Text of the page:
Independence Memorial Museum (Namibia)

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Independence Memorial Museum
Museo de la Independencia, Windhoek, Namibia, 2018-08-04, DD 08.jpg
General information
TypeHistorical museum
Coordinates22°34′08″S 17°05′17″E / 22.5688°S 17.0881°E / -22.5688; 17.0881Coordinates: 22°34′08″S 17°05′17″E / 22.5688°S 17.0881°E / -22.5688; 17.0881
Inaugurated21 March 2014
Height40 metres (130 ft)
Technical details
Floor count5
Design and construction
Architecture firmMansudae Overseas Projects
Sam-Nujoma-Monument in front of the museum
Sam-Nujoma-Statue in the Independence Memorial Museum
Independence Memorial Museum, Aerial view (2017)

The Independence Memorial Museum is a historical museum in Windhoek, Namibia. It focuses on the anti-colonial resistance and the national liberation struggle of Namibia. The museum is located on Robert Mugabe Avenue and was designed and built by Mansudae Overseas Projects, a North Korean firm. The museum was inaugurated on March 21, 2014, the twenty-fourth anniversary of independence of the country, by President Hifikepunye Pohamba.[1] The museum is flanked by two statues: the Sam Nujoma Statue and the Genocide Statue, also built by Mansudae. The Sam Nujoma Statue sits on the site of the German-era Reiterdenkmal equestrian statue.[2][3]


The name of the proposed museum was subject to considerable debate from the time of its proposal. Usutuaije Maamberua, president of South West Africa National Union (SWANU), proposed the name "Genocide Remembrance Centre", in recognition of the site being known as Orumbo rua Katjombondi, or "a place of horror" in the Otjiherero language.[4]


The Independence Memorial Museum is located on Robert Mugabe Avenue between two buildings of the German colonial period, the Christuskirche and the colonial citadel, the Alte Feste. The museum sits on a small slope between the two structures, and according to the historian Reihard Kossler, has broken up the ensemble of German monuments in Windhoek.[5] In sharp contrast to the German colonial architectural style of the existing historical structures, the Independence Memorial Museum is built in the North Korean socialist realist style, symbolic of the "modernist, post-colonial state."[4]


The museum structure consists of a five-story triangular glass structure and was planned with four equal walls of 40 metres (130 ft) reaching a height of at least 40 metres (130 ft). It features a glass-fronted elevator at its front. The first floor, titled "Colonial Repression", commemorates early resistance leaders of Namibia and the timeline of the country under South African rule. The second floor, titled "Liberation", commemorates the South African Border War and the role of the People's Liberation Army of Namibia (PLAN) during that conflict. The third floor, titled "Road to Independence", details the activities of SWAPO, United Nations Security Council Resolution 435, and includes a viewing platform of the Panoramic Hall of the museum.[2] The last floor (fourth floor) accessible by visitors is the restaurant, known as the NIMS restaurant, from which there are views over the city.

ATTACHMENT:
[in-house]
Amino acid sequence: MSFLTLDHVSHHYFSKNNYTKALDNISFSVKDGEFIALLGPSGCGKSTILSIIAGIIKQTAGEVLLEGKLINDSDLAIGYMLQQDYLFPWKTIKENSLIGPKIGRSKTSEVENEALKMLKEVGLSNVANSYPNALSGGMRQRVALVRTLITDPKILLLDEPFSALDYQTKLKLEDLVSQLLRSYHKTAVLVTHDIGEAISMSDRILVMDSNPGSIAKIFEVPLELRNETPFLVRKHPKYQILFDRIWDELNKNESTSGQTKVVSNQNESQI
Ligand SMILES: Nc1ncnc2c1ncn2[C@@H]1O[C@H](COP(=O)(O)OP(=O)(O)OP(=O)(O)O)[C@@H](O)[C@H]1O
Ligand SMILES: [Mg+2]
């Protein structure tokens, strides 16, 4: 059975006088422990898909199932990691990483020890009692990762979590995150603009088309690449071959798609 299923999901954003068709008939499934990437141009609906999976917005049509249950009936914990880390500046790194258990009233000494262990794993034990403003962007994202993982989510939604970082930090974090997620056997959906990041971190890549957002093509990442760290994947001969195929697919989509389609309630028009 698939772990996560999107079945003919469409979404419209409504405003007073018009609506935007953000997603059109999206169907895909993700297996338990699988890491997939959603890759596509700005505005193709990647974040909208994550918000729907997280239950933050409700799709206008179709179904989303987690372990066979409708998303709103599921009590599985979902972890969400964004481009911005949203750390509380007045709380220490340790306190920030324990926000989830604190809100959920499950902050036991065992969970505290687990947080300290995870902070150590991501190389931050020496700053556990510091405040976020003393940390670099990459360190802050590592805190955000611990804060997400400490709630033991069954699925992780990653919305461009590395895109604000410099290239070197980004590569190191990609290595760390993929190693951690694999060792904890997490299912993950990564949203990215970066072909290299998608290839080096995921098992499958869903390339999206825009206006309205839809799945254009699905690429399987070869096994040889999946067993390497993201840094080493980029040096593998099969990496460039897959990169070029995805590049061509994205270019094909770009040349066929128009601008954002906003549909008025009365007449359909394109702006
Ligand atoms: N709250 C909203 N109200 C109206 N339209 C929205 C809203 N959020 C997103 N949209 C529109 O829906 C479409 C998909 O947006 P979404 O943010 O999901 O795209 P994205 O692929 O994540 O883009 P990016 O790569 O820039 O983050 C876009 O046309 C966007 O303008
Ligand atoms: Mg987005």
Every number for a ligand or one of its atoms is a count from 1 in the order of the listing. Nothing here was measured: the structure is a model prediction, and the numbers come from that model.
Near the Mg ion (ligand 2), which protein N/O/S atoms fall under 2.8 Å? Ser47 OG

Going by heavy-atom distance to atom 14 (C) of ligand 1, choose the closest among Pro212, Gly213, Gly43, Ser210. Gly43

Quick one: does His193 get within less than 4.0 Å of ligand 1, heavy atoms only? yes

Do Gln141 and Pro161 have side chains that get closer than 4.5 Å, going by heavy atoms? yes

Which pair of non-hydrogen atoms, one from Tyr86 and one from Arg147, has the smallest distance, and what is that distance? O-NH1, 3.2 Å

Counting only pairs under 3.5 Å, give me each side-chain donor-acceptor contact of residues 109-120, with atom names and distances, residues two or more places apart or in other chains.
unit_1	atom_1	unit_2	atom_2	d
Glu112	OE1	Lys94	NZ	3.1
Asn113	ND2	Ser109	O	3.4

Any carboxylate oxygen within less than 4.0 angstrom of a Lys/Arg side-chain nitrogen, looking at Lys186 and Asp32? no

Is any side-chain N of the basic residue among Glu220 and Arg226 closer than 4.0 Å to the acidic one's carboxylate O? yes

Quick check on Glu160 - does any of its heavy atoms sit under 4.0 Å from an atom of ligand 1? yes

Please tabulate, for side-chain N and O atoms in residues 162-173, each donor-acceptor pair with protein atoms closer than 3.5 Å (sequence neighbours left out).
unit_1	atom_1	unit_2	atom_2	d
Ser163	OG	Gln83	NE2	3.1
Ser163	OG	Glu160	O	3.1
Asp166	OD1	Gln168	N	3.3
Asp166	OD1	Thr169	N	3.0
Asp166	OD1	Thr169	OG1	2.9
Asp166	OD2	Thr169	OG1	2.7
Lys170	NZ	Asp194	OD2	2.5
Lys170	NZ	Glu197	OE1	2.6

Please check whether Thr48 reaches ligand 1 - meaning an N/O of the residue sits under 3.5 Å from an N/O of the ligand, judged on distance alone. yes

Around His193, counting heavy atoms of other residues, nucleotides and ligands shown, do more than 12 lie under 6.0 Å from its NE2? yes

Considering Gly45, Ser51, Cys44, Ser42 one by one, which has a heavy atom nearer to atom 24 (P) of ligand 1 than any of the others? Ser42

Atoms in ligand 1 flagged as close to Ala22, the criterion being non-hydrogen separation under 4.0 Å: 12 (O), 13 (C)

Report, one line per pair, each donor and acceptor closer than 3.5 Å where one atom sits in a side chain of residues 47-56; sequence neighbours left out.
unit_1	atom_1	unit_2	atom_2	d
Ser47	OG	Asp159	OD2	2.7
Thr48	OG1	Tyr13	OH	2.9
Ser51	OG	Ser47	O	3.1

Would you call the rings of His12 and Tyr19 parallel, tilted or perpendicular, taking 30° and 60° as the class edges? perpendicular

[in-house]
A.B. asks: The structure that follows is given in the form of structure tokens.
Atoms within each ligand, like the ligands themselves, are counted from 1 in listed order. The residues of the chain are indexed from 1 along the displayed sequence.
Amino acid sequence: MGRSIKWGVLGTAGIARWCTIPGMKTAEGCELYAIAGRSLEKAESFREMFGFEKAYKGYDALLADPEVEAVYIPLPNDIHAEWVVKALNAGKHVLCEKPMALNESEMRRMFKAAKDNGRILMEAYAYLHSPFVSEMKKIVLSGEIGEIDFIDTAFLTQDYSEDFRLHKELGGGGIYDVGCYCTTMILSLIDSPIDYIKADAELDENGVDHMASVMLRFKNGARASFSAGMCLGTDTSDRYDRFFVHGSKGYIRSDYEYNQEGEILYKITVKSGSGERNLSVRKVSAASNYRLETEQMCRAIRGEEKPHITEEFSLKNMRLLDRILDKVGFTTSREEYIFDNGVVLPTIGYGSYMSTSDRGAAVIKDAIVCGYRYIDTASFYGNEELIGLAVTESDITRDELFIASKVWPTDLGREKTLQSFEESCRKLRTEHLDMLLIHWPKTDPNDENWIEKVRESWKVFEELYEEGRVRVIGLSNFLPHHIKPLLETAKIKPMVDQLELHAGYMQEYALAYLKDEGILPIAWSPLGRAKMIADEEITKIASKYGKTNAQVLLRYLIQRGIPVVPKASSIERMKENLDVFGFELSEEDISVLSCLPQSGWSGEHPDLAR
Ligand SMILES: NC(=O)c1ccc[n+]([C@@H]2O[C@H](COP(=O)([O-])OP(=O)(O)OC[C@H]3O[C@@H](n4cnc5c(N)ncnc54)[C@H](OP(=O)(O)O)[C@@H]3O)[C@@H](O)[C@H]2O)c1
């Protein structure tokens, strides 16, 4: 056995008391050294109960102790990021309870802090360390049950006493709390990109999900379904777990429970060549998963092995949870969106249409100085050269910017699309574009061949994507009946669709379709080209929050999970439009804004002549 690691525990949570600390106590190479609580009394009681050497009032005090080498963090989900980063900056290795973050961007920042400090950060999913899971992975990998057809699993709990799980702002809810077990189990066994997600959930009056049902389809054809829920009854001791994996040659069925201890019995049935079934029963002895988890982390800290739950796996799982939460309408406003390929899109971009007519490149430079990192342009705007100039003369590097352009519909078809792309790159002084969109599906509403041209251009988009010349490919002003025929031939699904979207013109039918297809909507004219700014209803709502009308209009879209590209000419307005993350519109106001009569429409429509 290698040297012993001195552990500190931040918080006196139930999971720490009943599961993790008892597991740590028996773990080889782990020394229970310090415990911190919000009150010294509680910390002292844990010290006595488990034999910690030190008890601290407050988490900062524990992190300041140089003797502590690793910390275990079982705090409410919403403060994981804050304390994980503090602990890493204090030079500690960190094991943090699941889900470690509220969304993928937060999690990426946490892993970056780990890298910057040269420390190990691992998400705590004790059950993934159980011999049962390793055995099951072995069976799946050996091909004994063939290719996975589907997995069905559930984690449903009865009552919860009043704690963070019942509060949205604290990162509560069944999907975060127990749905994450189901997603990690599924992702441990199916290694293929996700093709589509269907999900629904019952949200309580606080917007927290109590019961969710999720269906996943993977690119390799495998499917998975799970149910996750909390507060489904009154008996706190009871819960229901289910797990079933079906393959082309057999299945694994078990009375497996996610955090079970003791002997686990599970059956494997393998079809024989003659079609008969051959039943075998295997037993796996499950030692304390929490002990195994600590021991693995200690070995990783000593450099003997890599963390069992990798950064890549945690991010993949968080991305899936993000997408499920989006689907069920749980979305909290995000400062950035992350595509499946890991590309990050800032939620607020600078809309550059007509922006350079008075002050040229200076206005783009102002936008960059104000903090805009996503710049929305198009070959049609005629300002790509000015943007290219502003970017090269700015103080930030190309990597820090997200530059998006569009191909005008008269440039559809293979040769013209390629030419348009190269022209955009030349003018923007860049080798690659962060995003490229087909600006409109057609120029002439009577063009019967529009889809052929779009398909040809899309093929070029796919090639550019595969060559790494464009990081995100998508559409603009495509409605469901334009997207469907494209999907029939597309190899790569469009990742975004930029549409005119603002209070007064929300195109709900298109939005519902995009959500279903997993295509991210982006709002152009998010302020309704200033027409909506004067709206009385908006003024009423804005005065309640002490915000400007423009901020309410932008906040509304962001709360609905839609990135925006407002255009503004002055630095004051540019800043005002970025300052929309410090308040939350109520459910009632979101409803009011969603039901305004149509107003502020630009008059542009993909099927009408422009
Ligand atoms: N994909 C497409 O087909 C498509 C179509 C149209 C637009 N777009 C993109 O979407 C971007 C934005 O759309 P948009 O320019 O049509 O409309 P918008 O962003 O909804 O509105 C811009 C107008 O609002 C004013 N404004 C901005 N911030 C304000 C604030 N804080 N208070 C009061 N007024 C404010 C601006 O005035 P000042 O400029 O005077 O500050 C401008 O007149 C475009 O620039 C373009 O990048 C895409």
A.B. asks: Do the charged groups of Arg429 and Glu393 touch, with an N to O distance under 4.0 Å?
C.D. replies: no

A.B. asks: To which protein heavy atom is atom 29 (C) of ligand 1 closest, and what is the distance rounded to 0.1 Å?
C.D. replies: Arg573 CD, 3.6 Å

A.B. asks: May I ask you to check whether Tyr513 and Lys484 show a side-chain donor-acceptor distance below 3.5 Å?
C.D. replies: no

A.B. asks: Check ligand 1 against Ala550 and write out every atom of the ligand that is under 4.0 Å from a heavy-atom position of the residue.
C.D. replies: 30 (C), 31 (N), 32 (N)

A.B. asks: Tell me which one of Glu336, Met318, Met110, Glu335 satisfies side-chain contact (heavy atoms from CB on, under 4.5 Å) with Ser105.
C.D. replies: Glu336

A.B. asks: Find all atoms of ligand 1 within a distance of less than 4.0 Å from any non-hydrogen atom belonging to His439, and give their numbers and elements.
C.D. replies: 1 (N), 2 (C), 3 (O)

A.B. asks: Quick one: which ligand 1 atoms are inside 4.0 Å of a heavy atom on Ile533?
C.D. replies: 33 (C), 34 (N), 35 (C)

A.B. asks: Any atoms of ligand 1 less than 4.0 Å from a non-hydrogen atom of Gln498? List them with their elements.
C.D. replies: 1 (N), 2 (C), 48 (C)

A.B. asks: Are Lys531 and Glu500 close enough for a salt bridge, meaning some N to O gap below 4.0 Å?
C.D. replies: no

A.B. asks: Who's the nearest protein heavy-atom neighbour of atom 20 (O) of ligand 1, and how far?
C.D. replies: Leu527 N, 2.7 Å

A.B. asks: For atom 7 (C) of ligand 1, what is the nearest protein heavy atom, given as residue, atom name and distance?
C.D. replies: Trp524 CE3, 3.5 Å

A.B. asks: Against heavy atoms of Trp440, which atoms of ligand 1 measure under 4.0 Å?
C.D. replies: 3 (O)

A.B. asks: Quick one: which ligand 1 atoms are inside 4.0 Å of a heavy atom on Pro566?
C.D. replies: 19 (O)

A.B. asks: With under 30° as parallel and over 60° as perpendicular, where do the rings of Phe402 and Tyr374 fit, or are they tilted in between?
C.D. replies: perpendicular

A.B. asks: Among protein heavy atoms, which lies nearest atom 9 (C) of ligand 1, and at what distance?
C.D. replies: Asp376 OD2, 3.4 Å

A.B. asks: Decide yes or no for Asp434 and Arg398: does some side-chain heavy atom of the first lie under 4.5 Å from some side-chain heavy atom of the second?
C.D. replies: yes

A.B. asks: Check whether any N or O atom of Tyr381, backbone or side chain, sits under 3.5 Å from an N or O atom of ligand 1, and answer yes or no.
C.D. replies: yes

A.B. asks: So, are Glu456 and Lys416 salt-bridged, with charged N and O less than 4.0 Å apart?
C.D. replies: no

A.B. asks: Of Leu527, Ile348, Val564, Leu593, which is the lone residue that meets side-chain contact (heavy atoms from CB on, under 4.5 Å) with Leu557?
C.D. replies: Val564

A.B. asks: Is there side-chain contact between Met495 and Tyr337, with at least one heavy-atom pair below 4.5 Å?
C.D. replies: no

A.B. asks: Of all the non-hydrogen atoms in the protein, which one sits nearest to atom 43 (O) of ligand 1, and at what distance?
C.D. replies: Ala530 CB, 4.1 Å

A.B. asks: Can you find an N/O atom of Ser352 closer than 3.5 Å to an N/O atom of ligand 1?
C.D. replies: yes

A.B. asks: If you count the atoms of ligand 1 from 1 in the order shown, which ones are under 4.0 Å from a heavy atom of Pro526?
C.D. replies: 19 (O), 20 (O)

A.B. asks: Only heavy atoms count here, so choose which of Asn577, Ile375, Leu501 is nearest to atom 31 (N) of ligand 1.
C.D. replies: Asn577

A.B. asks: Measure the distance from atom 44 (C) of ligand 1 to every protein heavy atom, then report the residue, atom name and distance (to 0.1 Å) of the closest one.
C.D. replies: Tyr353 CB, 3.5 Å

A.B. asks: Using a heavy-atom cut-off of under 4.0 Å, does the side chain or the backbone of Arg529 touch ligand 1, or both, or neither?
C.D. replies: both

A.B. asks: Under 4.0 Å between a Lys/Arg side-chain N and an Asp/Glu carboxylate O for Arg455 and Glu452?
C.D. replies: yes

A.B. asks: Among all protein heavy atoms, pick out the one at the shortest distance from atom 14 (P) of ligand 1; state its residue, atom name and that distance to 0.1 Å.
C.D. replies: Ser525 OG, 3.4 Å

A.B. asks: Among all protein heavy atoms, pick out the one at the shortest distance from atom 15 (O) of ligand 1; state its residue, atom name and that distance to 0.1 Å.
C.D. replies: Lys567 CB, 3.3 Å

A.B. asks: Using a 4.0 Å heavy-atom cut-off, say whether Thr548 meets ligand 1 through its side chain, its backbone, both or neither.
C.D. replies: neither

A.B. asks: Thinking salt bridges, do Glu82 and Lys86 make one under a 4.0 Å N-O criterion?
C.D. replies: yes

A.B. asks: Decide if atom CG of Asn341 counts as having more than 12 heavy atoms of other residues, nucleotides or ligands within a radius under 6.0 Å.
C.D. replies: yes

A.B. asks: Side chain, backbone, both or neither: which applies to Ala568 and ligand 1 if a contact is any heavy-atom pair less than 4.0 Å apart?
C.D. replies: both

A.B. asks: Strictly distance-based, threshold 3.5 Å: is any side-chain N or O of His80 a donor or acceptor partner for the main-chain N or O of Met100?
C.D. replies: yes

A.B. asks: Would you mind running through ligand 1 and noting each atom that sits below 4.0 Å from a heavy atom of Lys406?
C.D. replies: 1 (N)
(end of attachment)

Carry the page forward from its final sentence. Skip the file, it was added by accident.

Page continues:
Sam Nujoma Statue[edit]

A bronze statue in the North Korean style commemorating Sam Nujoma is placed prominently at the front of the museum. In the statue Nujoma faces towards Windhoek and holds a copy of the Constituency Book, the Constitution of Namibia. It is located on the site of the Reiterdenkmal equestrian statue, which stood on the hill for 102 years. The Reiterdenkmal statue was considered controversial after the independence of Namibia; some in the country viewed it as symbol of colonial oppression.[2] Others, primarily from the German-speaking community in Namibia, saw any alteration of the statue as a violation of the Namibian Heritage Act of 2004, which outlines the procedures to protect national heritage sites in Namibia.[6] The Reiterdenkmal statue was removed in 2013 and is now located in the courtyard of the Alte Feste Museum.[2]

Genocide Statue[edit]

The Genocide Statue sits south of the Nujoma memorial. It depicts the 'untold hardships and suffering' at the hands of the Schutztruppe, the troops of the German colonial empire during the 1904–07 war. The statue depicts a man and woman in embrace, symbolizing freedom. The couple stand atop a rendering of a traditional Namibian residence. The concrete brick base of the memorial has the inscription "Their Blood Waters Our Freedom" in raised black letters.[2]


  1. ^ Pohamba, Hifikepunye (20 Mar 2014). Statement by His Excellency Dr Hifikepunye Pohamba, President of the Republic of Namibia on the Ocassion [sic] of the Inauguration of The Genocide Memorial Statue, The Sam Nujoma Statue and The Independence Memorial Museum. Windhoek, Namibia: Republic of Namibia. Retrieved 2016-09-17.
  2. ^ a b c d e Rhodes, Fifi (2014-03-24). "President unveils Independence Memorial, Nujoma Statue". New Era. Windhoek, Namibia: NEPC. Retrieved 2016-09-07.
  3. ^ Salami, Gitti (2013). "Postindependence Architecture through North Korean Modes: Namibian Commissions of the Mansudae Overseas Project". A companion to modern African Art. Chichester, West Sussex: Wiley Blackwell. ISBN 9781444338379.
  4. ^ a b Silvester, Jeremy (2015). Re-viewing Resistance in Namibian History. Windhoek, Namibia: University of Namibia Press. p. 289. ISBN 9789991642277.
  5. ^ Kossler, Reinhart (2015). Namibia and Germany: Negotiating the Past. Windhoek: UNAM Press. p. 148. ISBN 9789991642093.
  6. ^ "Groups defend genocide symbol". Windhoek Observer. Windhoek, Namibia: Paragon Media Group. 2014-03-27. Retrieved 2016-09-21.